Point to consider:  It was never God’s intention for a marriage relationship to be primarily based on physical attraction the way the world sees it.  His plan is to match two people together who complement one another, and when joined together, the two become one complete unit.  God wonderfully creates an attraction of one to the other, which is a blessing.  However, my focus must always be on the qualities of my husband’s heart, rather than on his outward physical features or his choices of style.

          Point to consider:  It is dangerous for a couple to set their main goals on amassing material wealth.  If my spouse and I are overly concerned about such things, we will miss God’s true plan for us; our attention will be too focused on our balance sheet and how well we keep up with our friends and neighbors.  God blesses His children with the bounty of heaven and earth, and He desires that we fully enjoy those blessings; however, He also expects us to use that wealth to advance the Kingdom of God.  The only way financial blessings can flow into a marriage is if financial blessings also flow out.

          Point to consider:  Marriage is an ever-moving, ever-changing organism.  Each day is different from the day before.  However, although marriage is comprised of three persons (husband, wife, Jesus), only two of them change.  No matter the situation, no matter how things appear, God never changes.  His word never changes, His love never changes, and He doesn’t go anywhere.  So, He can be a firm stake in the ground that holds fast while the other two parts appear to be flopping in the wind. 

          Point to consider:  When one looks out into a clear night sky, he is captivated by the brilliance of the moon and the stars.  For a moment, he can completely lose track of his surroundings or his situation.  In like manner, a husband or wife should be captivated by the brilliance of his spouse and thus, he has no desire to focus on the flaws.  Unconditional love does not simply ‘overlook’ the imperfections of the other; but rather, it sees the person as being perfectly beautiful just as he is.  (The secret here is in acknowledging that God is aware of every aspect of the other person, and He is powerful enough to lead him to make any changes He finds necessary.  In that space, whatever God is not dealing with in my spouse at that particular moment, I don’t need to be concerned about either.)

          Point to consider:  Marriage is a framework, a covenant instituted by God; therefore, marriage in itself does not have problems.  The troubles arise when those who enter into that covenant relationship begin to look anywhere other than in the mirror when things go awry.

I challenge you to examine your own marriage (or your own views on marriage), and determine which changes you might want to make.  The concept of radical marriage is not for the faint-hearted, neither is it for the self-centered or the extremely needy or the overly sensitive.  It will appeal to those who desire the rich blessings of walking in the fullness of what God has to offer, and the rewards will be well worth the pain involved in implementing the changes.  I promise you, pain will accompany any changes you decide to make!  But, remember what Paul said in Romans 8:18: “I consider that the sufferings of this present time are not worthy to be compared with the glory which shall be revealed in us.”  I believe I can apply this promise to the suffering involved in willingly laying down my life for my spouse.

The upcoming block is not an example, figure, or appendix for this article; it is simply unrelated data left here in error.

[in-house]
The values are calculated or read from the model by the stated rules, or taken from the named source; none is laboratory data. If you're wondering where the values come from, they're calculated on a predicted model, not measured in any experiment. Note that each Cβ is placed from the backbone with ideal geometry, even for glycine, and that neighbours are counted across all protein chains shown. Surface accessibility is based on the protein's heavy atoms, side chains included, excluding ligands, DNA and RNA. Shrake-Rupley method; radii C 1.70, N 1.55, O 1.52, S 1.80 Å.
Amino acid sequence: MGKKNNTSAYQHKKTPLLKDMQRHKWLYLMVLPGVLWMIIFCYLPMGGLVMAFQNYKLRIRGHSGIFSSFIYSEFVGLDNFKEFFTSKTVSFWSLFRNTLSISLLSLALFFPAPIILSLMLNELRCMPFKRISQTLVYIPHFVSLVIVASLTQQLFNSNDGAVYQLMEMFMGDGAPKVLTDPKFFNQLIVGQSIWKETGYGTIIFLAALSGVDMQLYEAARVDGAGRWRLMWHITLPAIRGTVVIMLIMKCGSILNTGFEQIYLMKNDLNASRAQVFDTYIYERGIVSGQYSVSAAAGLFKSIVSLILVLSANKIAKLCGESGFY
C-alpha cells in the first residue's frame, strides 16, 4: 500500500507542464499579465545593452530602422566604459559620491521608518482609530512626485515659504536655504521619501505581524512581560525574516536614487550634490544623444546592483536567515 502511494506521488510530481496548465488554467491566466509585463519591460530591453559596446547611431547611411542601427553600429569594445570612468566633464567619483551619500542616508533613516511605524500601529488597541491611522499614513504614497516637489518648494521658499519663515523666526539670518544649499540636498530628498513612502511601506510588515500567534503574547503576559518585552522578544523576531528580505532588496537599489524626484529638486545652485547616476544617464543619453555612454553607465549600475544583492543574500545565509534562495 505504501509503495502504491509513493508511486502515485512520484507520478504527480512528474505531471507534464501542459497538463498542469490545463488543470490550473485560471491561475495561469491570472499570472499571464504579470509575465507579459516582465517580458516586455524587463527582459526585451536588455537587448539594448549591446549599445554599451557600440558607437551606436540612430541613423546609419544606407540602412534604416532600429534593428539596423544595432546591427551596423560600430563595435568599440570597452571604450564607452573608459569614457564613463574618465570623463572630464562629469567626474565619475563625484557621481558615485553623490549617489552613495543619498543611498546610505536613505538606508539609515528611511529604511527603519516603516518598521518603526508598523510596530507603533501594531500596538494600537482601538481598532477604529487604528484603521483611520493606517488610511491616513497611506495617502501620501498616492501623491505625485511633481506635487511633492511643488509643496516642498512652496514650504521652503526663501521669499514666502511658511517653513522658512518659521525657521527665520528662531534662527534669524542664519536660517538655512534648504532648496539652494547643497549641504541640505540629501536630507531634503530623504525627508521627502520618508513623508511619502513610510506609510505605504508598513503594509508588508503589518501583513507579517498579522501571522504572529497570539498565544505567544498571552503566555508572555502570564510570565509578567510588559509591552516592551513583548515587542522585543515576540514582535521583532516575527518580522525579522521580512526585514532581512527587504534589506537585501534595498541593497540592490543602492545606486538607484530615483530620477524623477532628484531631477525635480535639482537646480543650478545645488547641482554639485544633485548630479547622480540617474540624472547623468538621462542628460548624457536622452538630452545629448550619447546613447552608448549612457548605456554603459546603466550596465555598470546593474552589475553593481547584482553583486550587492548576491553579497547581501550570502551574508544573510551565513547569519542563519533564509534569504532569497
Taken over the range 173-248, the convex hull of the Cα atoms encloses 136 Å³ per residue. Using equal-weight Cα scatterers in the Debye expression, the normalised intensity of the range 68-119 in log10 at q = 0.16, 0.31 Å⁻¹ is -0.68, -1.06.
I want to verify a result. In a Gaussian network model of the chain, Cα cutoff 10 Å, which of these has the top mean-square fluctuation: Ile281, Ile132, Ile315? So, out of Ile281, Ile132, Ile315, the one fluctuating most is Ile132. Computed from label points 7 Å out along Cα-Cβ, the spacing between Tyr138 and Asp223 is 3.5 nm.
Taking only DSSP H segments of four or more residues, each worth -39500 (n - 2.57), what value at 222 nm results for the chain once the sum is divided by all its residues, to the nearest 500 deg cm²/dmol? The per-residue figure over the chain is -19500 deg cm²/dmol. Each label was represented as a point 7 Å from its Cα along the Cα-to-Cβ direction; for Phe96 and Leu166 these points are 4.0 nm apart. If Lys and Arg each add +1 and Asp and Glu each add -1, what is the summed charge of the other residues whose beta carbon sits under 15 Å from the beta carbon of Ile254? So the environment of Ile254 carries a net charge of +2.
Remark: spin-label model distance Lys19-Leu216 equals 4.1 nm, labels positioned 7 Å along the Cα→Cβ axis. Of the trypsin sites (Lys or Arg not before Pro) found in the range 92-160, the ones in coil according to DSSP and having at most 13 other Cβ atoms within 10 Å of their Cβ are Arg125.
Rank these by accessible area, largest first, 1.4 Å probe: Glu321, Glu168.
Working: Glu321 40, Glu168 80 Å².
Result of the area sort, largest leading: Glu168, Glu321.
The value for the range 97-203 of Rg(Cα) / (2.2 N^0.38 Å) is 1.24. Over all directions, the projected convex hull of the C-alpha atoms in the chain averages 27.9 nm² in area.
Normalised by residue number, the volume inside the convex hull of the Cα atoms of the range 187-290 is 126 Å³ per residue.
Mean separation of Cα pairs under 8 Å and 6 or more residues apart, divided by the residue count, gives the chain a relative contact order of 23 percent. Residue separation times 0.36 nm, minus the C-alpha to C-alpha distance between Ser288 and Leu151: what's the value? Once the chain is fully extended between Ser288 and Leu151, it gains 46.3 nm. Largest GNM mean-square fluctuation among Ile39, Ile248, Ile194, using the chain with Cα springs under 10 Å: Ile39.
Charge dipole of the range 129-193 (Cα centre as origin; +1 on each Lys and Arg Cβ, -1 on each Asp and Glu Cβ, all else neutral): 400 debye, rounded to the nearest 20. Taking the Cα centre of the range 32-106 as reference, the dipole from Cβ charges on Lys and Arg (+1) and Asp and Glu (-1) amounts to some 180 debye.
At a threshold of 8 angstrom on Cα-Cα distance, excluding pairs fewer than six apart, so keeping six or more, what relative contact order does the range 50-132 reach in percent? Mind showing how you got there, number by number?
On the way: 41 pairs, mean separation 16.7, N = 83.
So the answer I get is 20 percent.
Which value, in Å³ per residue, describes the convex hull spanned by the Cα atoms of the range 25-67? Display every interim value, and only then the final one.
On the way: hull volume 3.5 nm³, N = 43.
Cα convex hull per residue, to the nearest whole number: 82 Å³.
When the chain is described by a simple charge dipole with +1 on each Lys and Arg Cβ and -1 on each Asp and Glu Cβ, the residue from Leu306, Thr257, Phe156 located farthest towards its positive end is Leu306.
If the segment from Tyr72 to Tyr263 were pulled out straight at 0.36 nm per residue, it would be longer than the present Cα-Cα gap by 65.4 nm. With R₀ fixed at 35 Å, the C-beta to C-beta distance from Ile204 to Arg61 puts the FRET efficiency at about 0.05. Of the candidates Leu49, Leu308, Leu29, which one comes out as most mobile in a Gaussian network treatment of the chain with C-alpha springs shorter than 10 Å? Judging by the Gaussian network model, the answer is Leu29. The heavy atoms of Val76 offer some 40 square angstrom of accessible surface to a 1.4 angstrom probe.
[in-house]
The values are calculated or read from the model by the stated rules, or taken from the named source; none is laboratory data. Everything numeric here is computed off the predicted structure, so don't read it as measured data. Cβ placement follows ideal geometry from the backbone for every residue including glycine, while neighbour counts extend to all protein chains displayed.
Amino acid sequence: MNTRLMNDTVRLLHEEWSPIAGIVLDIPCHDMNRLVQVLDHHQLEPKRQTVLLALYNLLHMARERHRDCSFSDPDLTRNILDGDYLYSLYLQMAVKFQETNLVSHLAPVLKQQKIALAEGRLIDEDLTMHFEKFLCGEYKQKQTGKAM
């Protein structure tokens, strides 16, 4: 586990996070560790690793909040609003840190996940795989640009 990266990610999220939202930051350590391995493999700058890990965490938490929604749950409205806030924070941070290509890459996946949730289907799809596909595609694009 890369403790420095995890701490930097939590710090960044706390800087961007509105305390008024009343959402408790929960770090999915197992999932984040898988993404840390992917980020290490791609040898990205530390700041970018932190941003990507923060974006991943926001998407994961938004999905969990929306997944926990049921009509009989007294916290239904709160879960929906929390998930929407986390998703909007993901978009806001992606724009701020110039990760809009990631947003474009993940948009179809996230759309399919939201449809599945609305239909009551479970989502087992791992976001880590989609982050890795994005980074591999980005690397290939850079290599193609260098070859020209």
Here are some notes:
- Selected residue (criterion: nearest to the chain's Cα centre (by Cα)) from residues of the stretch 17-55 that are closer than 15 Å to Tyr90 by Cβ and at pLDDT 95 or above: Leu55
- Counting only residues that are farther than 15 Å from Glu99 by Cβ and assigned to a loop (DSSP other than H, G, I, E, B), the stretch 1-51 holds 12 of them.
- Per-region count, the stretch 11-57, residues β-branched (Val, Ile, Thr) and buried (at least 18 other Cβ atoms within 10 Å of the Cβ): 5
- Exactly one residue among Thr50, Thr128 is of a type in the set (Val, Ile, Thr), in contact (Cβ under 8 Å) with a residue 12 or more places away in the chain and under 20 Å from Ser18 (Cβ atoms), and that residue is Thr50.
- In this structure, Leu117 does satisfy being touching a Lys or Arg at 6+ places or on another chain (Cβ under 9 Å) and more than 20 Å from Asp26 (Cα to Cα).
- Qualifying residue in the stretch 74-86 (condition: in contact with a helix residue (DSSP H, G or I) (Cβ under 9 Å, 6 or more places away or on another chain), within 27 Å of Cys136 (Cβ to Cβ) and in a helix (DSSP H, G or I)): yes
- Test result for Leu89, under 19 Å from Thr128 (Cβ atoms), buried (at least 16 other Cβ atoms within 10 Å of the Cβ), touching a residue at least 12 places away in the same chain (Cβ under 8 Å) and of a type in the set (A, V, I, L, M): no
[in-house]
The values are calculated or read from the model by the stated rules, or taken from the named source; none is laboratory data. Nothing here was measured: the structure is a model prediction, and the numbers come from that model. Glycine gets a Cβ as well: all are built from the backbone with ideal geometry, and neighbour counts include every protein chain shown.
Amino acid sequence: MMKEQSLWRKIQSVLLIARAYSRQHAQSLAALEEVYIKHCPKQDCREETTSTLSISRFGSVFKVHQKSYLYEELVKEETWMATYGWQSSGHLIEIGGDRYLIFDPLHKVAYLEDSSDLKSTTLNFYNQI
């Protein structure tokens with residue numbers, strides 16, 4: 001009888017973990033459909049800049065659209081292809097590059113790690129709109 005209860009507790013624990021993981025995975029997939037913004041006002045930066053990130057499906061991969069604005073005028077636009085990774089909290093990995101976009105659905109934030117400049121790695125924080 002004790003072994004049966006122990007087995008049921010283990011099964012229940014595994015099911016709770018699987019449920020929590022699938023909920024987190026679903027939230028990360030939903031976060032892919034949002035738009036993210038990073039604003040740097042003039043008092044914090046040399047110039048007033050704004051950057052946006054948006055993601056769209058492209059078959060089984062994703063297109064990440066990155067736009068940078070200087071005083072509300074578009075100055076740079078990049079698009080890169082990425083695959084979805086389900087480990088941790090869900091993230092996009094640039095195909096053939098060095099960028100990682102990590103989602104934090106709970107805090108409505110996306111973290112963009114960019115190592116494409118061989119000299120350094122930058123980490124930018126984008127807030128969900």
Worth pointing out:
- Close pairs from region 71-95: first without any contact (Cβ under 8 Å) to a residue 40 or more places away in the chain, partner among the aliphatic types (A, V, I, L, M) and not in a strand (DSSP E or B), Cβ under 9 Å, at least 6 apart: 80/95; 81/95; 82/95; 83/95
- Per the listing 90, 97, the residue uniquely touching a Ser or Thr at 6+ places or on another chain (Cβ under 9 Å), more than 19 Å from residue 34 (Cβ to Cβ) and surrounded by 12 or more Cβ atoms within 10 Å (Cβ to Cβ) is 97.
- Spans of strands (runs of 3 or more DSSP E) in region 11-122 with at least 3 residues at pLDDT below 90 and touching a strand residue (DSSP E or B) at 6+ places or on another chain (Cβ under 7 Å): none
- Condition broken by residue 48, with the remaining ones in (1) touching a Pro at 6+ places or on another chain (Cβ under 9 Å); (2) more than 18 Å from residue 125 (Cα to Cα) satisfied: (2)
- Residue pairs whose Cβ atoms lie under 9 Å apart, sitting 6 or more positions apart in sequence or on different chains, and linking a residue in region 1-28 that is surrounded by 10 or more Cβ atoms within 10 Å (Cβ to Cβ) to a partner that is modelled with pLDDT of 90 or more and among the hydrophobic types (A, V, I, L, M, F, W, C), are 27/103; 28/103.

This point is personal:  Recently the Glory of the Lord filled our house, and the Holy Spirit spoke to us about several things we had been praying about.  Then He gave me a thought-provoking message.  Following is a paraphrase of what I heard:   “Do you know why your ministry is so fruitful?  It is because the two of you work so well together as a team.  But, I am taking you to a new level.  From now on, I do not want the two of you to disagree about anything at all.  If you have an issue to work through, ‘see’ yourselves standing side-by-side and each pitching your ideas onto a table.  Then piece together the best plan.  If you do not come together on any particular point, then you (that meant me) back down and come into agreement with your husband.  You are to defer to your husband’s decision, every time, even when you know for certain that you are right and he is wrong.”  Wow, that got me to thinking!  I knew immediately that the Lord had already gone before me in this matter because my first thought was to praise Him for the wonderful new thing He was about to do in me.  (That is definitely not what I would have expected to be my first thought!)  I was fully aware of the humility this plan would require of me.  Likewise, I was aware of the level of responsibility it would require of my husband.  I can report that for the past number of months, God has walked me through this exercise with relative ease.  I have had to bite my tongue a time or two, but I have been given the grace to walk in the plan He has set out for me.  I do not yet fully comprehend all that this is intended to produce in me; however, I know that He always has a perfect plan and this will become an effective tool for me in the days ahead.

This Radical Marriage concept has radically changed and blessed me.  I pray that a few of you will also feel the tug of the Holy Spirit calling you into a new and thought-provoking view on marriage.  God bless you as you ponder these ideas, and as you seek the Lord for His words for you.